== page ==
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Minneapolis Mayor Wants 'Full Structural Revamp,' Not Abolition Of Police Department

Minneapolis Mayor Jacob Frey speaks Saturday with demonstrators calling for the defunding of his city's police department.
Stephen Maturen
Getty Images
Minneapolis Mayor Jacob Frey speaks Saturday with demonstrators calling for the defunding of his city's police department.

Following the police killing of George Floyd, officials on the state, local and national level are focusing on how to improve policing in the United States.

In Minneapolis, where Floyd died after an officer knelt on his neck for nearly 9 minutes, the City Council — with a veto-proof majority — on Sunday pledged to defund the police department there.

It's a move the mayor, Jacob Frey, opposes.

A day earlier, amid a massive crowd of protesters, Frey was pressed on whether he would commit to defund the police. When he said he would not support the full abolition of the police, he was booedwith chants of "Go home, Jacob" and "Shame."

In an interview Wednesday with NPR's All Things Considered, Frey expressed support for major structural reform but reaffirmed his opposition to disbanding the police.

"We need to entirely shift the culture that has for years failed black and brown people," he says. "We need a full structural revamp. But abolishing the police department? No, I think that's a bad idea."

Here are excerpts from the interview:

For a lot of people, defunding the police means redirect that money. Take the money, but instead of handing it to the police, redirect it into communities, into social services. Are you against that?

Well, the devil's in the details. And to the extent we're talking about measures of safety beyond policing, I totally agree. And in fact, we've had those in several budgets, everything from mental health co-responders to our group violence intervention initiative to ... a hospital-based intervention system for people who have been shot. So, yes, absolutely, we are for measures in that realm.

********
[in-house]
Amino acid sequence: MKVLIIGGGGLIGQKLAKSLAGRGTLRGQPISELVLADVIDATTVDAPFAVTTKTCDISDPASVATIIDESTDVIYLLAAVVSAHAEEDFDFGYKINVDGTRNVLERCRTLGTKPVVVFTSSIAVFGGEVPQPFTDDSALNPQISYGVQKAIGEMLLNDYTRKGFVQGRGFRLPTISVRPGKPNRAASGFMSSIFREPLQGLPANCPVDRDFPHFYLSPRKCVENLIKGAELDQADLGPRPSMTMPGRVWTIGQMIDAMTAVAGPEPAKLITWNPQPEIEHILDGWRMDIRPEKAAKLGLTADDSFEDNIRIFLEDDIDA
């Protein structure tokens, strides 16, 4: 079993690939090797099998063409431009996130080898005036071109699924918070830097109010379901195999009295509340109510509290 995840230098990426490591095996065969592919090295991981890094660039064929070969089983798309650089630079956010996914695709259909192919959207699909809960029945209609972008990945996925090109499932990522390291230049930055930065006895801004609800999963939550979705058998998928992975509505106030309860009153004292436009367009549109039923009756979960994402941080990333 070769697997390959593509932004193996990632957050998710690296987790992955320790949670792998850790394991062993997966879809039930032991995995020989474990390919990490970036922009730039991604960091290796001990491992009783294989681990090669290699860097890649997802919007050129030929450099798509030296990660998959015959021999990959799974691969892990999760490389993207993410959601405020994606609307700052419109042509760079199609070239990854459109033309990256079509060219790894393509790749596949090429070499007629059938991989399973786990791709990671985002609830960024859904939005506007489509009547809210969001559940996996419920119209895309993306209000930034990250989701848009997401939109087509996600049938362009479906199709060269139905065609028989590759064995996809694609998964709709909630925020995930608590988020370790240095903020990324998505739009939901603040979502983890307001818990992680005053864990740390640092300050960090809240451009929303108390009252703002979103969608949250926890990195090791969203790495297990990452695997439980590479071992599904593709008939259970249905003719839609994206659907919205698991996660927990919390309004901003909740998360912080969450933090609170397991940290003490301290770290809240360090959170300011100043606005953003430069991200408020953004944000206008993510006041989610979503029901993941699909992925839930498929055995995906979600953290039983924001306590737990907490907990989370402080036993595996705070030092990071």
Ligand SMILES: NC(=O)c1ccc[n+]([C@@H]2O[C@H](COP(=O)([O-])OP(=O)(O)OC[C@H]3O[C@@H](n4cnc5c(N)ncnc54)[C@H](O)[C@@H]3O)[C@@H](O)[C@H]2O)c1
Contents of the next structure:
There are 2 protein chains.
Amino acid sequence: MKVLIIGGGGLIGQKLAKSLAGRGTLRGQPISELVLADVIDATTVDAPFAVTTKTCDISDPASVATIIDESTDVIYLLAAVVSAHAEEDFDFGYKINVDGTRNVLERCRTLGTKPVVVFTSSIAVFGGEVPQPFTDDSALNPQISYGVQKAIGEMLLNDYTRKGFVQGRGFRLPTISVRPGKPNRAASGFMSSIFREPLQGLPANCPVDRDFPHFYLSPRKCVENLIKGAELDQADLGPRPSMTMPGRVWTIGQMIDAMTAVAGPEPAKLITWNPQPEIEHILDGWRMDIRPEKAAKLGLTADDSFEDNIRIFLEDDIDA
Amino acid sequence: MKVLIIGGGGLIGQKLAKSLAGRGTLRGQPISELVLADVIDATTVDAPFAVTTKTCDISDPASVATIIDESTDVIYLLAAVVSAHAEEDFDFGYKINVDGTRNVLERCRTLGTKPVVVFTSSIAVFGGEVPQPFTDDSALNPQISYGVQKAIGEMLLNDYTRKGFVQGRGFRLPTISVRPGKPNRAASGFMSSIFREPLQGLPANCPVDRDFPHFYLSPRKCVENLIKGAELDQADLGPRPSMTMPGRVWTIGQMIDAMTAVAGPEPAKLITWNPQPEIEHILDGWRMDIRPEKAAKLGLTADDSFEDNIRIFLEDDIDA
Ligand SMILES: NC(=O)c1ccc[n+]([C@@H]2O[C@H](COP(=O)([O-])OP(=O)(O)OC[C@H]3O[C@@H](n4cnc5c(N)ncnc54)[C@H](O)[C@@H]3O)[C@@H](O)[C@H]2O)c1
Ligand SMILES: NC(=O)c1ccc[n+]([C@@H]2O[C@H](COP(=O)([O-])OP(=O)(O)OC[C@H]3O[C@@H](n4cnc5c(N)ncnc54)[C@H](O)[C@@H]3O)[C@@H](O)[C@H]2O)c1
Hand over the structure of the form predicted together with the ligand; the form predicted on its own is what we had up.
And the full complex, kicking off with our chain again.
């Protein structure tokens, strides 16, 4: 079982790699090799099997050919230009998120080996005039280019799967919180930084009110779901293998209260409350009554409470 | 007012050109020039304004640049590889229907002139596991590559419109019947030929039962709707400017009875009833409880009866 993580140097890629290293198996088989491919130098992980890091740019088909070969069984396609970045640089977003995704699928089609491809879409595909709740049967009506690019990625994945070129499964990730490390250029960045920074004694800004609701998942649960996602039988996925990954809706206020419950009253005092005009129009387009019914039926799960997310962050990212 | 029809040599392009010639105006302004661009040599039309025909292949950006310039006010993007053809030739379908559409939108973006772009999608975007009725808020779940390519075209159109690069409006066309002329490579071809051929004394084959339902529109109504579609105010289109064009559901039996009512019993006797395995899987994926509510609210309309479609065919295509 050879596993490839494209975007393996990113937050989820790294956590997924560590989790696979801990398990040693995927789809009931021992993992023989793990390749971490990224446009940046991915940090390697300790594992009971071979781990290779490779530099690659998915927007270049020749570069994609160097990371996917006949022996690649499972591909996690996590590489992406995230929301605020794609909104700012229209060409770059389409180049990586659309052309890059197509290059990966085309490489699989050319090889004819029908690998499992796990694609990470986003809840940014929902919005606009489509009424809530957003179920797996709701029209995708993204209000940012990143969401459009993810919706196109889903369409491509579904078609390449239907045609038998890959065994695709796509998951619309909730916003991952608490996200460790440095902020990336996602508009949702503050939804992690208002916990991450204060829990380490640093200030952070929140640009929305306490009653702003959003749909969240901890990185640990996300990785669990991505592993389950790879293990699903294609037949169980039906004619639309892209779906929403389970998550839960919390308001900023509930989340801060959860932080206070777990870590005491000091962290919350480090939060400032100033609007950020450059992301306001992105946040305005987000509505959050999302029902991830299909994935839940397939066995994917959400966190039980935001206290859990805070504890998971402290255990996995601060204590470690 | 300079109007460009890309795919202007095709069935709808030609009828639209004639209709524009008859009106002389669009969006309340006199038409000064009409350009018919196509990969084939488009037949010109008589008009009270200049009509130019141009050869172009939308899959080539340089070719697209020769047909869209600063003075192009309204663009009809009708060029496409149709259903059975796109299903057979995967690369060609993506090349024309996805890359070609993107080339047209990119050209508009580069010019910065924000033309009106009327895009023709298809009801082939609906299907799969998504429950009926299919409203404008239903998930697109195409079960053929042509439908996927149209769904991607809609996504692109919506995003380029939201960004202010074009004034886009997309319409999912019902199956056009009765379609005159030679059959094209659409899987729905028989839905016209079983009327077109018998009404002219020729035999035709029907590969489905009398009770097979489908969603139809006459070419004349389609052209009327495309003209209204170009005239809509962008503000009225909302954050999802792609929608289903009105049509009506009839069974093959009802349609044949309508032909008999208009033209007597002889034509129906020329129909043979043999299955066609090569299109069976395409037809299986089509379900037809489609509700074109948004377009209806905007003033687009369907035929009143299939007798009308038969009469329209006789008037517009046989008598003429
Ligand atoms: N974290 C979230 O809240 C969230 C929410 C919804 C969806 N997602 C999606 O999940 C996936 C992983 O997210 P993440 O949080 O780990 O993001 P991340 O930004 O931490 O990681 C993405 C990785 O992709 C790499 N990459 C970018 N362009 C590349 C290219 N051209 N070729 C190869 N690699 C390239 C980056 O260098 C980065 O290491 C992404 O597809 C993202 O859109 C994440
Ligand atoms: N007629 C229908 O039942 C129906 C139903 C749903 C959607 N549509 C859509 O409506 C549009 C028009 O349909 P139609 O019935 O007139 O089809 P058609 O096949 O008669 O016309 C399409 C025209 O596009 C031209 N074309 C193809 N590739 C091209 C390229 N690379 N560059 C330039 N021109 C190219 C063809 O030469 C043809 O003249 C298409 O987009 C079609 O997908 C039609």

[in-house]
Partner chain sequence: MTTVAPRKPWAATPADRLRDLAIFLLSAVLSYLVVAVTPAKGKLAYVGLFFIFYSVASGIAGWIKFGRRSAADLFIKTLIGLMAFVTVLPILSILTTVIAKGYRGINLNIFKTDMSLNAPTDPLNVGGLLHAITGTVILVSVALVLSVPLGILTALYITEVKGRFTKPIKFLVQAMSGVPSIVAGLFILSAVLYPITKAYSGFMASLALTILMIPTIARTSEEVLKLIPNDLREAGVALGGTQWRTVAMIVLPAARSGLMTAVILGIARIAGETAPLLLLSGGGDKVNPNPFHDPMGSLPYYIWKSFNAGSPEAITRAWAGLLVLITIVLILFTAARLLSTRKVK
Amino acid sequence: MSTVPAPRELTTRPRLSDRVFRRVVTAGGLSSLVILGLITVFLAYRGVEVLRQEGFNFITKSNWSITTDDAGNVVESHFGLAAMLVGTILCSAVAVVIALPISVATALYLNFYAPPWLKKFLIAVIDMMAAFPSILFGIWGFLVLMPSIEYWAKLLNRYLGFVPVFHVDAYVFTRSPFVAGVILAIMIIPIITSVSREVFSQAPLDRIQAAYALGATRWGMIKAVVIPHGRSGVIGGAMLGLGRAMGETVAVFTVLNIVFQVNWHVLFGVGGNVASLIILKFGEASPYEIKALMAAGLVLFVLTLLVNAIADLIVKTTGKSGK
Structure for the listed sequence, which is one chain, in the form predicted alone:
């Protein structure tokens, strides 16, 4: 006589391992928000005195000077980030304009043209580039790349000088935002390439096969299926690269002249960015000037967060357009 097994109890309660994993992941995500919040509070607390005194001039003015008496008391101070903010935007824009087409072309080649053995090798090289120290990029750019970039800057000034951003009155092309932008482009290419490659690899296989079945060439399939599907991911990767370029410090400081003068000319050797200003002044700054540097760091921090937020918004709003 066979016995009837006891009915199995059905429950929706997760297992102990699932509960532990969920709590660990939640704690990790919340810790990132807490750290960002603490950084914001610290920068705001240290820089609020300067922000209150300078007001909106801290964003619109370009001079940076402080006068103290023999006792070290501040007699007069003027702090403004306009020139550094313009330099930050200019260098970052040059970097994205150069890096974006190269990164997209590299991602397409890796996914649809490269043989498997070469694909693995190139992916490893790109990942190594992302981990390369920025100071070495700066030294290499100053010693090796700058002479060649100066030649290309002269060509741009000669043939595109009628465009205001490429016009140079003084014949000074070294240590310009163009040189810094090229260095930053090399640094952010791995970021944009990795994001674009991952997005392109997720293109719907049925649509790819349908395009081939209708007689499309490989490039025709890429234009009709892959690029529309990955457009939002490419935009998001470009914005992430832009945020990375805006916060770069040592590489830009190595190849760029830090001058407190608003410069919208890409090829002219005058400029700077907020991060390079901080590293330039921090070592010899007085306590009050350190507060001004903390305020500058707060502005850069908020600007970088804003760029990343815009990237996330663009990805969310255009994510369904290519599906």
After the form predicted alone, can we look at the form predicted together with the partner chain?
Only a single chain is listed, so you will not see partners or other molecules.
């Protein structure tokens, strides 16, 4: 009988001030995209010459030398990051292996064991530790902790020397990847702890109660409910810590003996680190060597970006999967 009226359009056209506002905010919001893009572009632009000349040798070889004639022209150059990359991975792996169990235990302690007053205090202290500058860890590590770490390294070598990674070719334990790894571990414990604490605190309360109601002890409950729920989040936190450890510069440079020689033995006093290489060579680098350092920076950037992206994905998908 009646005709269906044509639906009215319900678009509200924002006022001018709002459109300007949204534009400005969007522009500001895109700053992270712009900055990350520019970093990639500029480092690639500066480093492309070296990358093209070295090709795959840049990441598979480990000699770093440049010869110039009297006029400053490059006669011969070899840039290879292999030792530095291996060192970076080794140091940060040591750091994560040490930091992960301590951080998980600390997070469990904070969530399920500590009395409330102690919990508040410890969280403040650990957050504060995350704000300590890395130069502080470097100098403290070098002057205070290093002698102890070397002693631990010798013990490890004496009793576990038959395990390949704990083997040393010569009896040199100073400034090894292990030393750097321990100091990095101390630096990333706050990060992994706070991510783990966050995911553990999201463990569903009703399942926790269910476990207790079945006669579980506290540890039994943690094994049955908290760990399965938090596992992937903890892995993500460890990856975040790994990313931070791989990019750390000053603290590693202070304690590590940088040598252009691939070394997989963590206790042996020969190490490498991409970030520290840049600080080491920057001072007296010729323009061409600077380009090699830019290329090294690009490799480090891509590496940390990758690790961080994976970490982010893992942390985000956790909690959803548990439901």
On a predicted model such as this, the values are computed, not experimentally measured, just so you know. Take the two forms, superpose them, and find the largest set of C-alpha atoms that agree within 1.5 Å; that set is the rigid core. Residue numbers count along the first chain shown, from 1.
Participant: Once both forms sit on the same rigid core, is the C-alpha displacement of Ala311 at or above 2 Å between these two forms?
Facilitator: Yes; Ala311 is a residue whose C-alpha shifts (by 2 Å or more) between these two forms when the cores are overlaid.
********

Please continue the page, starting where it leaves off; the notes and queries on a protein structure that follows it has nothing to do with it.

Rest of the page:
But we also do need police officers. And we have a chief [Medaria Arradondo] ... who is from community, by community. This is someone who sued the police department for racial discrimination and won. And now he's our chief. And he's been laying out a vision as to the culture shift that he wants to see, instilling every officer with compassion and dignity.

How do you persuade people that what you are proposing will be enough, will not be incremental, will not lead to more of the same?

We do need a full-scale revamp, but in doing so, I think it's important to say specifically what you're talking about, what specifically the plan is. I don't think it's a plan to say we're going to abolish the police department and we're really not sure what to do next. That's not a plan.

I want to ask about the moment that went viral on social media. ... What went through your mind in that moment?

The protest came to my wife and I's home, and they asked for me to come out and talk to the crowd. And I did. I came out. I joined in on the protest and they asked me to come up towards the mic, and they asked me whether I would commit to defund the police. I asked for clarification as to what they meant. And they said that they wanted to get rid of all the police.

And, you know, I was honest. I told them that I was for that massive structural change. But I am not for abolishing the police department.

And these are the kind of difficult situations where you just have to be honest and transparent and forthright. And was it hard to get booed in that situation? Was it hard to hear the jeers and that kind of walk of shame there? Absolutely, it was. Absolutely. But, you know, I stuck to what I believe in.

Listen to the full interview at the audio link above.

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Mary Louise Kelly is a co-host of All Things Considered, NPR's award-winning afternoon newsmagazine.
Courtney Dorning has been a Senior Editor for NPR's All Things Considered since November 2018. In that role, she's the lead editor for the daily show. Dorning is responsible for newsmaker interviews, lead news segments and the small, quirky features that are a hallmark of the network's flagship afternoon magazine program.